I have an rca flat antenna. June 12 I rescanned my tv. I received one station saying ''if you are receiving this, your tv is analog''. I receive 3 other channels: hsn, my 54, and tbn. Haven't ALL stations gone digital? What do I do? I do not want to get cable or satellite. I would appreciate some ''brainstorming''.
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Orginally there were many tv stations but the government decided to force ... Alsothese televison signals are more difficult to capture than before with analog signals. ...So that's not accurate when we are trying to find a TV transmitter. ... web page will tell you rescan for channels, thats great if you raise your antenna or have ...
Is the antenna the correct one for your environment? Do you have the antenna pointed at the stations you want to receive? Use antennaweb.org or tvfool.com to get an idea of the location and likely channels you can receive at your location. Antennaweb assumes an outdoor antenna but is very conservative in the list of channels you can receive. (These may match the limits of the indoor antenna.) TVfool lists the stations and the appropriate antenna that will likely receive each station.
Tall trees and buildings will block the signal. Get the antenna as high as possible. Move the rabbit ears and UHF loop to maximize your signal strength. Then make sure the TV is set to use the OTA tuner (ATSC for digtal stations). (That may mean changing the source in the setup menu.)
Then scan for channels. Move your antenna or parts of it and rescan or edit the channel list. (For some TVs there is a weak signal setup option that will let you manually enter the station number (including sub-channel). Then it will provide the signal strength information as you move your antenna.)
I hope this helps. An amplifier may help you bring in weak stations with enough signal strength for the tv to see them.
seems like you are using an "off the air antenna" that receives weak signal, you may be too far from the station, go get a roof top amplifier antenna or subscribe to digital service from cable, satellite or at&t uverse. If you think your antenna is getting good signal, try to rescan your tv for available channel. Make sure your TV set up is correct, if you are using Off the air signal, your setting should be set at "Antenna or off the air", then rescan your TV. Normally on Satellite or cable box, you just watch it on video channel or component input, if you are using HDMI then tune to HDMI channel. Check your connection to make sure they are making good contact. If you can post your set up, I can better solve your problem. For a resource on "off the air" antenna, go to www.antennaweb.org for help.
Did you rescan your stations yet? When they made the transition, many, if not most, TV stations changed numbers on the dial. Enter the menu on your TV and manually tell it to rescan the stations. This should resolve the problem.
You need to set both the converter (I assume you are using one) and TV to the same (analog) channel (3 or 4).
Remember, the analog channels from 2-14 exist no more; they are inactive (as of 12 June, 2009) and will be reassigned to other services.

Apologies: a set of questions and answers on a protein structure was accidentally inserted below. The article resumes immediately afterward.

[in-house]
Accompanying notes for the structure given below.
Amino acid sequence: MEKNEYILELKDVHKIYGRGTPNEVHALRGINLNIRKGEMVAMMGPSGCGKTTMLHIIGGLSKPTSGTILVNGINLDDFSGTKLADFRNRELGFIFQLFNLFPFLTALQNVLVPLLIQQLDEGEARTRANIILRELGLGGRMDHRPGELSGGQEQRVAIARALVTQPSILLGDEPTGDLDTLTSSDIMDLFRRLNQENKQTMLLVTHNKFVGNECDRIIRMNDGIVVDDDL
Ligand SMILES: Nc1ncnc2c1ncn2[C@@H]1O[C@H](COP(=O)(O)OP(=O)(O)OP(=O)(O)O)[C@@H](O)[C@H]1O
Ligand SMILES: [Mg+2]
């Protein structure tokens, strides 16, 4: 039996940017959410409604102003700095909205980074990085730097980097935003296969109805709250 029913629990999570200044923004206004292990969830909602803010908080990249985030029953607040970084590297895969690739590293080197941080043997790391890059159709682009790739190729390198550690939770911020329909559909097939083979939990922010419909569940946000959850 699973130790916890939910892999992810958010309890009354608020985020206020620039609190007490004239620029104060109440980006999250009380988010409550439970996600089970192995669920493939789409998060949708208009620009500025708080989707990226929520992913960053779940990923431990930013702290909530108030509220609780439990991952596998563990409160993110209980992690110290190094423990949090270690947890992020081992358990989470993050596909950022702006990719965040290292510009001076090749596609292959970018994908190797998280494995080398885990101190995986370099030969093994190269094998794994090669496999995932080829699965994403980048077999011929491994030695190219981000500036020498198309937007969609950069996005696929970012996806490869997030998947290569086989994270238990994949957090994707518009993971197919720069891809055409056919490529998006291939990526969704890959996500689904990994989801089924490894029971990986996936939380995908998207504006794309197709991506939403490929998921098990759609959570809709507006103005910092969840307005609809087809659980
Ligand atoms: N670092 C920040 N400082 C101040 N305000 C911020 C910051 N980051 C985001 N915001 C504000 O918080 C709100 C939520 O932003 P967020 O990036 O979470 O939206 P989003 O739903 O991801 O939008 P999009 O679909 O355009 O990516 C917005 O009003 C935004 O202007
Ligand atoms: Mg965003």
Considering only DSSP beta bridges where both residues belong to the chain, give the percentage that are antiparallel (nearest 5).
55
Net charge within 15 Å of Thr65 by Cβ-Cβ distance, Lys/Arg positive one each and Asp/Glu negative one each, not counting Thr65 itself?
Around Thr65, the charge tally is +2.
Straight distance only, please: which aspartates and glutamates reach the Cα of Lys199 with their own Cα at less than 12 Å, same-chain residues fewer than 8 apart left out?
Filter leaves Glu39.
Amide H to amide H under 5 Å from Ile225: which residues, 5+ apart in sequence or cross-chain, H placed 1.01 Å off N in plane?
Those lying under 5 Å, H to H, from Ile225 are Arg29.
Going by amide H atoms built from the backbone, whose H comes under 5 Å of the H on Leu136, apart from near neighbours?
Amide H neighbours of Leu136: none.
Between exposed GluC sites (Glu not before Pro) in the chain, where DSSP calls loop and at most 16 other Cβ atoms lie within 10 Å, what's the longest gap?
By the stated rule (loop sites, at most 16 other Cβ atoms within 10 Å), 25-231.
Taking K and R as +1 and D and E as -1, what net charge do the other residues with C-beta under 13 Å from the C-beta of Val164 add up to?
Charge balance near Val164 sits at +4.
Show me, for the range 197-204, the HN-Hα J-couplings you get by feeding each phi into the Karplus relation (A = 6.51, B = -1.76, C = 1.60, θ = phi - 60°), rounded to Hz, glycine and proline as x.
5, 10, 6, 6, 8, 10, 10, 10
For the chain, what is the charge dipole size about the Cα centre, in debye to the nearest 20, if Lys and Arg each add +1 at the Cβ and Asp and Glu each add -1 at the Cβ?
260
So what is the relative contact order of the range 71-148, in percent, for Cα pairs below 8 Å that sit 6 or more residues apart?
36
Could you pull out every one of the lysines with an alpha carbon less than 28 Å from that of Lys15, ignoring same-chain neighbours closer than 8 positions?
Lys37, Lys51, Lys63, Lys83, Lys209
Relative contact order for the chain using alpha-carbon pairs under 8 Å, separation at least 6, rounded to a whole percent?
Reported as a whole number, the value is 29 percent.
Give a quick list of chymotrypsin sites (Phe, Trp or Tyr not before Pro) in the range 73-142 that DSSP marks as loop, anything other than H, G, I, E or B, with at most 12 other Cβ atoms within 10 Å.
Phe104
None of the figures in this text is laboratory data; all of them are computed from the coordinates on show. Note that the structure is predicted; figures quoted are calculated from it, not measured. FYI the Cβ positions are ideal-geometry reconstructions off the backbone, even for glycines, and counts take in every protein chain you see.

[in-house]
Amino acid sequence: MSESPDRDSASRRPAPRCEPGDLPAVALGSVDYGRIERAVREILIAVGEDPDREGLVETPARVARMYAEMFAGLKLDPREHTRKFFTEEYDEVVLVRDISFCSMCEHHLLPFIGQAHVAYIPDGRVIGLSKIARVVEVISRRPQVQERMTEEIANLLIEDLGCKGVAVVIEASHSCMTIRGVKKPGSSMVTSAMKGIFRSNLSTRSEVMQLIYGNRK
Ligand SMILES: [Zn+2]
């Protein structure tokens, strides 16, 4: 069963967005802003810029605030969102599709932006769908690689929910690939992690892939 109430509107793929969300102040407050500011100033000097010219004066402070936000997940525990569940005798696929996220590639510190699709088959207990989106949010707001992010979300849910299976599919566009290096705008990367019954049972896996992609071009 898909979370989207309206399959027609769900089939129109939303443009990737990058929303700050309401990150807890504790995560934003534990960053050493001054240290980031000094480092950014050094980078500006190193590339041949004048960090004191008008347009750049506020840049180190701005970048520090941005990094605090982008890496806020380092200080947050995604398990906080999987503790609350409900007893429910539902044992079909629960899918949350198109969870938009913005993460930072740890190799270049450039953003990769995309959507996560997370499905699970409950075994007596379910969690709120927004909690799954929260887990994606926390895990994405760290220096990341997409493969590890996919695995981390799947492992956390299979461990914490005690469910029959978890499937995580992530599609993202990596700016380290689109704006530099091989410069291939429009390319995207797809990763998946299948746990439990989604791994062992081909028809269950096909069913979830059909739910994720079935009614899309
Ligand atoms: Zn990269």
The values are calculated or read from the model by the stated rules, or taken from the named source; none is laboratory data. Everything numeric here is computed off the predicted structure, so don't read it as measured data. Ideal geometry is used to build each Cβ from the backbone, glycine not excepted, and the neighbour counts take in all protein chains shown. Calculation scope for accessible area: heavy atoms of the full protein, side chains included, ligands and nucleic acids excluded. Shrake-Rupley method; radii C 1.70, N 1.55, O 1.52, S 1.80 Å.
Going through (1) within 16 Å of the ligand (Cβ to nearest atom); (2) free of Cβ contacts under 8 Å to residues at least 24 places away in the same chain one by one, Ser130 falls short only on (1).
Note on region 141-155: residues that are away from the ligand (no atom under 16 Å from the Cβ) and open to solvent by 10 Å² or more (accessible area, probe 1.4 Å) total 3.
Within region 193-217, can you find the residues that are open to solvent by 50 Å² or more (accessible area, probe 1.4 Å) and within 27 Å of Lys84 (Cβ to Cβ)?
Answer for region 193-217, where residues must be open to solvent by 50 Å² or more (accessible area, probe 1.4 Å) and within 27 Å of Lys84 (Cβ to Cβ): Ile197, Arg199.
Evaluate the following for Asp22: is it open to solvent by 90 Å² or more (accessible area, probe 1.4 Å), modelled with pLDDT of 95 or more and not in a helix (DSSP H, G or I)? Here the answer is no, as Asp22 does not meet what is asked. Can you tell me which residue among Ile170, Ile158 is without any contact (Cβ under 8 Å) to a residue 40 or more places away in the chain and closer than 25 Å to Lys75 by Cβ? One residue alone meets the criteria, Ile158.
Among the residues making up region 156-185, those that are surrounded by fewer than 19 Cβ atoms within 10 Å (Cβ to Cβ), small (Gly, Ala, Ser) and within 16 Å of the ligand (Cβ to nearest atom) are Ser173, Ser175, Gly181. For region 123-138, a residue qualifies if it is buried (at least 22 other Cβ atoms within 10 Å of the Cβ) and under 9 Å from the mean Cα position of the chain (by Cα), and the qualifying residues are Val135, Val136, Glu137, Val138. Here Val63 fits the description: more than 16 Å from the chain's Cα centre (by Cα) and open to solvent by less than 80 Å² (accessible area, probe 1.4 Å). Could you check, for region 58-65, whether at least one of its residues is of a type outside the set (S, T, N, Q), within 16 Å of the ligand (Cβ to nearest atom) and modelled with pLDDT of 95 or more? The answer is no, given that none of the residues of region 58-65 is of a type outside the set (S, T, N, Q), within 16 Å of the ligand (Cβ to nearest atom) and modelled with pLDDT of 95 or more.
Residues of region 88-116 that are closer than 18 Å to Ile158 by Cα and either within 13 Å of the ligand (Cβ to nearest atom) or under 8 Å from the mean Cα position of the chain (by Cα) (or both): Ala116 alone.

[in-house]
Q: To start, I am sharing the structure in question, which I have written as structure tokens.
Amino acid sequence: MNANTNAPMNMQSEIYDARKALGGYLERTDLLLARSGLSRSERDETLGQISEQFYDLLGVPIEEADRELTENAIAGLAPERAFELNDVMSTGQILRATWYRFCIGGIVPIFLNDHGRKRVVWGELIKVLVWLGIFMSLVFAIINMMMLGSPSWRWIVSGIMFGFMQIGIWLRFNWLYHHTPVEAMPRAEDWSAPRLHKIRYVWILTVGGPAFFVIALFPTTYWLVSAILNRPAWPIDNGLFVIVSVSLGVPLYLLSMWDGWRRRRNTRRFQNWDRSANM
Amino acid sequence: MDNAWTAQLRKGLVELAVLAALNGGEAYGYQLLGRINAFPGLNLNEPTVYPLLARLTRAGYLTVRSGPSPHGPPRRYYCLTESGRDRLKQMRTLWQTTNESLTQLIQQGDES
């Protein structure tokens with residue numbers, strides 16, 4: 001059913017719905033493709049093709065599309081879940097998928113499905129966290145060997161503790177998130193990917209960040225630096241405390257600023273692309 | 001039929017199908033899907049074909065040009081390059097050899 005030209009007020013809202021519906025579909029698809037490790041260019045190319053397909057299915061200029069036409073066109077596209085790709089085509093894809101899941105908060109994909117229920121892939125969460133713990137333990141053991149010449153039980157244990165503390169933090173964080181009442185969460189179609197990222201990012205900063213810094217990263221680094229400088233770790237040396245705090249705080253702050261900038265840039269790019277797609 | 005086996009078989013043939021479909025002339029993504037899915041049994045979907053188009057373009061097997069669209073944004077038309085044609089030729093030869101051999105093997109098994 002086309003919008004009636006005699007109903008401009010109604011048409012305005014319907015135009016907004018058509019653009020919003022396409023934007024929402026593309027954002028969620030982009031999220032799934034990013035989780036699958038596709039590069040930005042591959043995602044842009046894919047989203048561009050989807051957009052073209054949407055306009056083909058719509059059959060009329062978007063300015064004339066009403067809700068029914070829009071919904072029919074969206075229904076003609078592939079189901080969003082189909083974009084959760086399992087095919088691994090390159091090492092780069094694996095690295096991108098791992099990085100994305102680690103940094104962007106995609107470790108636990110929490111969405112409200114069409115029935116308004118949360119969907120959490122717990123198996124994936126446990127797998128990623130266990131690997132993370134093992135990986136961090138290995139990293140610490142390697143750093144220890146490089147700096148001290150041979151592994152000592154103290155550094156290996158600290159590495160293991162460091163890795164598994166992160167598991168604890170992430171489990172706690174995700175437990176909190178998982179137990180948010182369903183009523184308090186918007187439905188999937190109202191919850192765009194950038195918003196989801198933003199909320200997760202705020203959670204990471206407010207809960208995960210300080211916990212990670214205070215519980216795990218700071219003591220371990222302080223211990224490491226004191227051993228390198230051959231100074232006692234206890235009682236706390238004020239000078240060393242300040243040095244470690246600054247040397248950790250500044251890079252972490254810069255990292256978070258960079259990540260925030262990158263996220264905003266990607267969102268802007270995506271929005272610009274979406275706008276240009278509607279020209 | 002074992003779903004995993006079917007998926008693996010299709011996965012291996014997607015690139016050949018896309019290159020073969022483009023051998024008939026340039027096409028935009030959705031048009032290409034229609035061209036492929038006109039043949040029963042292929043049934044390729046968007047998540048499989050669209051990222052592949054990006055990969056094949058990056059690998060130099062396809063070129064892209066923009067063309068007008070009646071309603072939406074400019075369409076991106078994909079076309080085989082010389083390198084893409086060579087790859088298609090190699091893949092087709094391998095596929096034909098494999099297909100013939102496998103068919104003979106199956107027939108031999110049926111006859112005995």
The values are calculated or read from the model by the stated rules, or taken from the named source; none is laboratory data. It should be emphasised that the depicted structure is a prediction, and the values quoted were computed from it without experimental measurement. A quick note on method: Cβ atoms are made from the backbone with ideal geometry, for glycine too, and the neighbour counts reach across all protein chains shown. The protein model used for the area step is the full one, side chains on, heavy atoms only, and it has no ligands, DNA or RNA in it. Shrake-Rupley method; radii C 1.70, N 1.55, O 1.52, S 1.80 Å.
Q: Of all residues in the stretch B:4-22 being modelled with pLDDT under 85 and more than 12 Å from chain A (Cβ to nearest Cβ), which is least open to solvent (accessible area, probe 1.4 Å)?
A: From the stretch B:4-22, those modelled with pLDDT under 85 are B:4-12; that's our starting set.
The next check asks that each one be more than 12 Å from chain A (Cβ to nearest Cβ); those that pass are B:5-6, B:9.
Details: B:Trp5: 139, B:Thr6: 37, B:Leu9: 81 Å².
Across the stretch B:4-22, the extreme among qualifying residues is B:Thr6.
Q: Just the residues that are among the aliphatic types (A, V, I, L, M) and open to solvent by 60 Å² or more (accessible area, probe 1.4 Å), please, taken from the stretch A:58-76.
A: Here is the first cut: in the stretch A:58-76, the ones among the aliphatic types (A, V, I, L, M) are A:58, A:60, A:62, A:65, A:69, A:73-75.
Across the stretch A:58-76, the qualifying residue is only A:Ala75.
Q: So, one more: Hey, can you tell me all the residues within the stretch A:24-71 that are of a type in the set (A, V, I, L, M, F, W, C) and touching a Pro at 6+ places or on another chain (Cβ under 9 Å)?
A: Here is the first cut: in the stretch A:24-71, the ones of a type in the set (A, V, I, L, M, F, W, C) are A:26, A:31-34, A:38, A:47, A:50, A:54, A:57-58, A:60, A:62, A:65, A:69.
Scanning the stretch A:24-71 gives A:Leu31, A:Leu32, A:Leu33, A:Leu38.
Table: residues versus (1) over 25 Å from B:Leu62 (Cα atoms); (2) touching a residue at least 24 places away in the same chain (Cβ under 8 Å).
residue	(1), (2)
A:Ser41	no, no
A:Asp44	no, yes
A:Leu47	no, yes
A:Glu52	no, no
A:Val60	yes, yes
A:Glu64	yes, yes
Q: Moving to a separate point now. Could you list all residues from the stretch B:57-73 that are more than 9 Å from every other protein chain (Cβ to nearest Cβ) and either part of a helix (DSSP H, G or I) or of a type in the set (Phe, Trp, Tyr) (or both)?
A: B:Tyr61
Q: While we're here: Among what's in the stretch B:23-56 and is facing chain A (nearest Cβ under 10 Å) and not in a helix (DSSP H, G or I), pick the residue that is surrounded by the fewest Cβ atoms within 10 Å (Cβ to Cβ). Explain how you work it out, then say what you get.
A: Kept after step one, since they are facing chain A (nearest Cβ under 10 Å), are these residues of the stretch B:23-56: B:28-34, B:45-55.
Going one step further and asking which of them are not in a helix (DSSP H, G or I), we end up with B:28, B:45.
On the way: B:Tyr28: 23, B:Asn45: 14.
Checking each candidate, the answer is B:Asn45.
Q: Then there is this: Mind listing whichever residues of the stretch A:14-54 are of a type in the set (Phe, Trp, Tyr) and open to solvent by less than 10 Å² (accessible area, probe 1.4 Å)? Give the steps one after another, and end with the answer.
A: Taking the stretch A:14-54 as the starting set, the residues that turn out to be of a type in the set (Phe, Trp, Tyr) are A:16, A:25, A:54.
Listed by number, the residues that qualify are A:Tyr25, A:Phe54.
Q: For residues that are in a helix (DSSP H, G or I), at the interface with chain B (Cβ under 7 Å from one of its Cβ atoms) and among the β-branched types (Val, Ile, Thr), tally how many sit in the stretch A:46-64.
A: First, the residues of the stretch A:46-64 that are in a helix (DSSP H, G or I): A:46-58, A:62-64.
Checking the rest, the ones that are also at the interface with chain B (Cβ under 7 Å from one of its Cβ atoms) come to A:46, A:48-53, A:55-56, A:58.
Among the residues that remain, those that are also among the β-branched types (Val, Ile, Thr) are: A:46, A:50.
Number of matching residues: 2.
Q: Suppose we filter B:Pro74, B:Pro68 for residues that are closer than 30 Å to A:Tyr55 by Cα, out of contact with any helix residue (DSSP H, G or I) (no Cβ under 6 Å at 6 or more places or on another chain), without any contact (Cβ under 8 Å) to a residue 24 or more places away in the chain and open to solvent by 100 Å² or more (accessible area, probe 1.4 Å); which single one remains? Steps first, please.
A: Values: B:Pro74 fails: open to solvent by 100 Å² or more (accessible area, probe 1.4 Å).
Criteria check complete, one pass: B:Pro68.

BTW, your former VHF antenna is useless; all of the new digital channels are UHF only.
Try the recommendations in a document posted on the FCC site (http://hraunfoss.fcc.gov/edocs_public/attachmatch/DOC-291403A1.doc)
Also be aware the several stations have had problems with the transition. Some changed frequencies on which they were transmitting and encountered area coverage issues that didn't meet their expectations. They have been working with the FCC to remedy the problems and many stations have temporarily increased output power to compensate for the issues. Some of these stations may be difficult to receive and you may need to get larger antenna. If you are still having problems call the FCC DTV transition hotline at 1-888-CALLFCC (1-888-225-5322) or the TV station for advice.
There are several possibilities assuming you have an outdoor antenna with the amplification. You are too far from the transmitter or the station is still on a low power digital transmitter until the analog broadcasts end. Additionally, there may be buildings, hills or trees in the way. The first one is called the digital cliff - you either have enough signal for your tuner or you don't. Some stations may need to add transmitters to cover the secondary areas that could still receive the analog signal. The second possibility will either resolve on Feb 18 or June 12 or anywhere in between. (It will depend on your station and the Digital TV transistion delay bill. Some stations are changing frequencies with the transistion and can't go to full power until another analog station moves its frequency.) The last one can't be resolved. If you have an indoor antenna, you can try moving it around to get better results. My household has an amplified outdoor antenna with a rotator to get the antenna to line up with the signal. We have two analog stations that give problems when we look for their digital signals. We hope the issue will resolve with the changeover since we have seen the signals on both stations improve when they wanted to broadcast football games.